At the end of September, the Leisure and Hospitality and Construction industries continue to hold the highest unemployment rates in the U.S. at 7.7% and 7.3%, respectively. On the other end of the spectrum, the lowest rates are held by Government at 2.4% and Financial Activities at 2.5%.
Job Quit Trends
Regardless of what you are calling the wave of employees quitting their jobs, the biggest question for most employers isn’t what to call it. Instead many are asking the vital questions of when they will feel the biggest impact, when the wave may be over, and most importantly, how they can combat the problem. Unfortunately, the numbers continue to be on the rise each month.
In August (the latest month of available data from the Bureau of Labor Statistics), nearly 4.3 million employees called it quits, representing 2.9% of the U.S. workforce. While this was only a modest two-tenths of a percent increase over July, year-over-year numbers reflect the larger impact.
Looking back over ten years of data, August charted the highest level and percentage to date. Year-to-date levels are 30.5% higher than last year, and about 6% higher than 2019 levels.
Employees in the most densely populated states have the lowest numbers of reported job quits. However, with most states posting quit rates of 3 - 3.4% and eight states at 3.5% and above, this trend doesn’t look likely to end any time soon.
There are multiple causes and influences at play currently according to Bloomberg.com. Employees who decide to leave are attracted by a wide range of appealing opportunities which include greater flexibility, appealing work and cultures, and in many cases increased wages.
Those who initially decide not to leave are feeling the impacts of reduced staff, supply issues, and other COVID-related challenges such as vaccine mandates or managing the care of sick family members quarantining at home. The added stress is causing elevated levels of employee burnout and frustration. On a secondary level, some employees nearing the age of retirement are simply deciding they have had enough and are opting for early retirement.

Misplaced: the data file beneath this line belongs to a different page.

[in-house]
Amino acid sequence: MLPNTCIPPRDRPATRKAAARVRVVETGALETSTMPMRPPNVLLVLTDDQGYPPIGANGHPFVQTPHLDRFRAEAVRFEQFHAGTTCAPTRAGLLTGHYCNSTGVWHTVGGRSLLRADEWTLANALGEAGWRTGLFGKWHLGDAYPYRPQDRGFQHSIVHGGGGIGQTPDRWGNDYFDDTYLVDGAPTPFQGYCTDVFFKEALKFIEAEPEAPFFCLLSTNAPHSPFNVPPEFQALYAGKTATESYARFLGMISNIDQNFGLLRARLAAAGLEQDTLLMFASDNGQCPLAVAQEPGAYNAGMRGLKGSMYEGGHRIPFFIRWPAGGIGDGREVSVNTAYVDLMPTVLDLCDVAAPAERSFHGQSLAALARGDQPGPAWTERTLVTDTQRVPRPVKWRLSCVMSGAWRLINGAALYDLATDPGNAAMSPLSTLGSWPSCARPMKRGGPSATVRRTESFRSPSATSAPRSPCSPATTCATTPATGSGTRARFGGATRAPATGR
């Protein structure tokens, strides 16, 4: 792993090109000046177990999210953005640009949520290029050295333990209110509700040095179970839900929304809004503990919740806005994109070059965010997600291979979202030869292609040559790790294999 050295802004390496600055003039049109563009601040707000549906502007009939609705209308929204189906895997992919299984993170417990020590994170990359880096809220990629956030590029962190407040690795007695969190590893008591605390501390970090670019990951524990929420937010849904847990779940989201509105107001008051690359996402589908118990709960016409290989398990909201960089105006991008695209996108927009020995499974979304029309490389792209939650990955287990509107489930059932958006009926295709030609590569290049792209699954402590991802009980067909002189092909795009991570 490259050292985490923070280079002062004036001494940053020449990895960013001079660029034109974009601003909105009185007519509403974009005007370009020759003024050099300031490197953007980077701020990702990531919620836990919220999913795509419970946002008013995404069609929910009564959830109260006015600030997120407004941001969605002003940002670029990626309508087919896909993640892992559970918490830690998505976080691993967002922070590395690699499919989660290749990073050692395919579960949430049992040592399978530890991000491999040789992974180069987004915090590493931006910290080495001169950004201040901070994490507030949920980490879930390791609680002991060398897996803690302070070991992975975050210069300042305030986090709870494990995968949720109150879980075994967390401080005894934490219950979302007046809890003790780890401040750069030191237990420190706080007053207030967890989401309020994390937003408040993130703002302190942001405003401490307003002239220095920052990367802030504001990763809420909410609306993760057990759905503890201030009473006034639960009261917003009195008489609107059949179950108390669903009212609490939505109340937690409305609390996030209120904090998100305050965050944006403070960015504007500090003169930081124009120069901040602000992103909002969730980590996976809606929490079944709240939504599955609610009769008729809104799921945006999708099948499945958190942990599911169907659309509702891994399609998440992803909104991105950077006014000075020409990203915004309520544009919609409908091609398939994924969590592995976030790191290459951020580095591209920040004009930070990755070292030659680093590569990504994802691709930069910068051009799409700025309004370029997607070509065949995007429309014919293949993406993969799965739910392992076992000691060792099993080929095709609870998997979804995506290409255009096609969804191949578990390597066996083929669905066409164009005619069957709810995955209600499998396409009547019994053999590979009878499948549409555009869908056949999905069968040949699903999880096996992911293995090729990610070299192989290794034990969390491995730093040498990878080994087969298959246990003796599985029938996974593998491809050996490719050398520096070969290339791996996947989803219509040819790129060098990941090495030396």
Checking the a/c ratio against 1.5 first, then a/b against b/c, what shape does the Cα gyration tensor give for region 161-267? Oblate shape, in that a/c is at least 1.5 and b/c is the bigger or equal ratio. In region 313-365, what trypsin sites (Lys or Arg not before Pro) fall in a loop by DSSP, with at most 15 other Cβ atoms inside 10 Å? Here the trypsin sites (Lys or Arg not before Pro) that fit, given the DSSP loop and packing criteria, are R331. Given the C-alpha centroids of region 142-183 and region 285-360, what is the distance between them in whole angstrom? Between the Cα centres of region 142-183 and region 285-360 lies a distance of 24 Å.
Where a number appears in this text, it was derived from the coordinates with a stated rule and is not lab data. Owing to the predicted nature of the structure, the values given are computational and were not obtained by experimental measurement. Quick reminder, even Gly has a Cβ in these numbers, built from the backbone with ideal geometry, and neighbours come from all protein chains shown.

It is no longer enough for businesses to focus on how to hire the right talent, employee engagement needs to be a top priority as well.
U.S. Hiring Trends
Q3 Industry Employment Trends
This quarter, over half of the nine leading industries we track saw job gains in all three months: Professional and Business Services, Transportation, Manufacturing, Information, and Financial Activities. Retail Trade rallied in September after job losses in the previous two months.
Hospitality seemed to treat August as a month-long holiday with zero job gains during the month. New jobs were added in September but at only 19% of July numbers. Retail trade also struggled with job losses in July and August before rebounding with a net gain for the quarter in September.
Year-to-Date Industry Employment Trends
Year-to-date, only two industry sectors (Transportation and Construction) have had quarterly negative job gains which is a welcome sign compared to the losses of last year that many industries are still trying to overcome. (Both of which were in Q2.) Even better positive indicators are that Transportation, Manufacturing, Information, and Financial Activities all had their highest gains this past quarter.
The weakest third-quarter numbers were posted by the Hospitality, Education and Health Services, and Retail Trade sectors. Education and Health Services remains to be the least volatile this year so far.
Get our quarterly labor reports delivered directly to your inbox. Subscribe to our newsletter today.